‘A Duty-Dance with Death’ – ‘So it goes’

Slaughterhouse-Five by Kurt Vonnegut

vonnegut This was our book group’s choice for discussion in November. Whilst it’s fair to say that whilst nobody loved it, and some didn’t get on with it at all, it did provoke some good discussion. I quite enjoyed it, and would certainly read more by Vonnegut. My only previous experience with him was having read Breakfast of Champions as an older teen – and having to make sure my parents didn’t see the diagrams, (if you’ve read it, you’ll know what I mean!).

vonnegut 2

S-5 is commonly seen as Vonnegut’s most influential novel, as it builds in autobiographical elements of Vonnegut’s own experience of the firebombing of Dresden as a PoW, escaping death by hiding in the cellar of ‘Slaughterhouse-5’. Other themes are time travel, alien abduction and living an otherwise normal life!  Vonnegut sets it all out on the book’s title page after the title and sub-title The Children’s Crusade: A Duty-Dance with Death:

A fourth-generation German-American now living in easy circumstances on Cape Cod (and smoking too much), who, as an American infantry scout hors de combat, as a prisoner of war,
witnessed the fire-bombing of Dresden, Germany, “the Florence of the Elbe,” a long time ago, and survived to tell the tale.
This is a novel somewhat in the telegraphic schizophrenic manner of tales of the planet Tralfamadore,
where the flying saucers come from.

Before we get to the story of the man in question, the introductory chapter introduces the narrator – clearly a metafictional version of Vonnegut himself, explaining his writing of the book:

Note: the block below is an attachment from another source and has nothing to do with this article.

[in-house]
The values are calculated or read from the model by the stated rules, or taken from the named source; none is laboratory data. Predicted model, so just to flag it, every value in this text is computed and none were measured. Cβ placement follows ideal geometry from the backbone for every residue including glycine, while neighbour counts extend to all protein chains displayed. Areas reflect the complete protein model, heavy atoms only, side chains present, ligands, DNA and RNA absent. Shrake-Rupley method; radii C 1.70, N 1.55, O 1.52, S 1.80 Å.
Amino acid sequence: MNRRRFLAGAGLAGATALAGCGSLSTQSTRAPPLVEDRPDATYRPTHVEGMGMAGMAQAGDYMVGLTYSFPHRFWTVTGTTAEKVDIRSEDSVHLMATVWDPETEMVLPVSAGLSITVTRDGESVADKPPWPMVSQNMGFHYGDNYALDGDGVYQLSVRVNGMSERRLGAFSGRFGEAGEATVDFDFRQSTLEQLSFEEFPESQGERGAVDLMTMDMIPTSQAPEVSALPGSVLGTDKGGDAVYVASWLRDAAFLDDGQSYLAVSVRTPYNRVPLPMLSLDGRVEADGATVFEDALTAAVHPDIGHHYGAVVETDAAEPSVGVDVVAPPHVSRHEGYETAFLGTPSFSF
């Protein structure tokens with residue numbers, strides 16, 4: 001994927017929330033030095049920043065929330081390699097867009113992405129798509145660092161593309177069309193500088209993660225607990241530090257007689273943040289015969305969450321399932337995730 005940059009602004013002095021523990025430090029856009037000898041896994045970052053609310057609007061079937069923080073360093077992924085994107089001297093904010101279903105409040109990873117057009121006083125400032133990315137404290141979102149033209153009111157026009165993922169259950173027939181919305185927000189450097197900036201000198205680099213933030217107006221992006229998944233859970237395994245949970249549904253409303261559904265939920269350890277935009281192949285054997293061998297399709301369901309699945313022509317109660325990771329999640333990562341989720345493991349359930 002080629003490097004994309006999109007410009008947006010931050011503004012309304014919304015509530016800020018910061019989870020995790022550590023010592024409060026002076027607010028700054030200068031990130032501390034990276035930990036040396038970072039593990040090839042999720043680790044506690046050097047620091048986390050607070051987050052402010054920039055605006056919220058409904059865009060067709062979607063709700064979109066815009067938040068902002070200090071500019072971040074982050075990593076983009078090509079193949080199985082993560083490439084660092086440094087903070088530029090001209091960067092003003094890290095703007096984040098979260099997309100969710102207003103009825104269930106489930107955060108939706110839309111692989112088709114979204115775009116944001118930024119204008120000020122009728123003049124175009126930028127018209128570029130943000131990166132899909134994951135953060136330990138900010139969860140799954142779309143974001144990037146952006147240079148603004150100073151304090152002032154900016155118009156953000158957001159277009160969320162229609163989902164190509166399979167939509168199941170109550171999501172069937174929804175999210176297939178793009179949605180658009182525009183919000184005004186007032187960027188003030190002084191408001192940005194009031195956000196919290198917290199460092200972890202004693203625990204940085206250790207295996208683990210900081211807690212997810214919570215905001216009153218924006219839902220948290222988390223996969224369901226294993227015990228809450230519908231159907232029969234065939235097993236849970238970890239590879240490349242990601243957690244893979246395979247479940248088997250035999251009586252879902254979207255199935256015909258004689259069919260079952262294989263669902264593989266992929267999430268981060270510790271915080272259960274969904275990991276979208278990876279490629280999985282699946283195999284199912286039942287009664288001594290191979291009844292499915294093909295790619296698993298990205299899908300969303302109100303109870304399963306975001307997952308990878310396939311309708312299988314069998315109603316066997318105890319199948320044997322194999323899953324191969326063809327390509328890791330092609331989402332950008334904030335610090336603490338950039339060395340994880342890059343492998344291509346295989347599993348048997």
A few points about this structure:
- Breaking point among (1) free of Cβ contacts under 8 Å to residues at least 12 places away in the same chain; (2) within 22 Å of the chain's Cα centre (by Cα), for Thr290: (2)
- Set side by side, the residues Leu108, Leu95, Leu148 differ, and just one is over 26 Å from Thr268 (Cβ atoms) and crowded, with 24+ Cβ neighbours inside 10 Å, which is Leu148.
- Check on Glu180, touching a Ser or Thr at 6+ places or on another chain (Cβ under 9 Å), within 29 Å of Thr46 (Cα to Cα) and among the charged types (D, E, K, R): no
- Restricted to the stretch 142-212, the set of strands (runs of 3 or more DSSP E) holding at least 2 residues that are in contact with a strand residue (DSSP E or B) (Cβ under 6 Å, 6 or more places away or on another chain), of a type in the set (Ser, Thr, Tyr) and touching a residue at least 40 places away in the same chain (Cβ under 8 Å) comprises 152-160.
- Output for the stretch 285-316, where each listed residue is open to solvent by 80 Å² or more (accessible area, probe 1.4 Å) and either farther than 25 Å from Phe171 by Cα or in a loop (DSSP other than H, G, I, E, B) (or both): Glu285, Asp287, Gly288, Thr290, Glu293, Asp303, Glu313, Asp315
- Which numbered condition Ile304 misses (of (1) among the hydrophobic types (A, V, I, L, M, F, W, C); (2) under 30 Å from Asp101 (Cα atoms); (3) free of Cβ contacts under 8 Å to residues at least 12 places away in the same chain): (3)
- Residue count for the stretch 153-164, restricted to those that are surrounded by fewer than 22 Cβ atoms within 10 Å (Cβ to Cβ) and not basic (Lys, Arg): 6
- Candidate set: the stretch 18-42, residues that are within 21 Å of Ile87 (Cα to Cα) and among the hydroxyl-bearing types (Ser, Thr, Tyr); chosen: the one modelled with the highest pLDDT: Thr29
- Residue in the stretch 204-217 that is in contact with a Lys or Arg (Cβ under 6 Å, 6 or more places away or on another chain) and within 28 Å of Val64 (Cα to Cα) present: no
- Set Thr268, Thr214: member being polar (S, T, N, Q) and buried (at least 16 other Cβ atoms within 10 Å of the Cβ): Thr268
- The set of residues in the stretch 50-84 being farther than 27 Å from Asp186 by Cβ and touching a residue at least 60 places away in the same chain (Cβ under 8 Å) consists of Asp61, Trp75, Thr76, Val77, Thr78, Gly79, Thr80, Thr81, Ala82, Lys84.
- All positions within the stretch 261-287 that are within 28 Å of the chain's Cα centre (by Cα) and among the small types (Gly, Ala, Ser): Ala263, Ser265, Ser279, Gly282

Over the years, people I’ve met have often asked me what I’m working on, and I’ve usually replied that the main thing was a book about Dresden.
I said that to Harrison Starr, the movie-maker, one time, and he raised his eyebrows and inquired, ‘Is it an anti-war book?’
‘Yes,’ I said. ‘I guess.’
‘You know what I say to people when I hear they’re writing anti-war books?’
‘No. What do you sau, Harrison Starr?’
‘I say, “Why don’t you write an anti-glacier book instead?”
What he meant, of course, was that there would always be wars, that they were as easy to stop as glaciers. I believe that too.

And, even if wars didn’t keep coming like glaciers, there would still be plain old death.

Then the narrator tells the story of Billy Pilgrim, who as a young soldier and prisoner of war in Dresden, returns to a normal and rather dull life in America. He becomes an optometrist, marries, and lives into his old age and senility. However Billy is convinced that he’s become a time traveller, slipping up and down his timeline as a result of being abducted by aliens from the planet Tralfamadore where he was kept in a zoo, and gained their ability to see in 4D – so he could be in all times at once.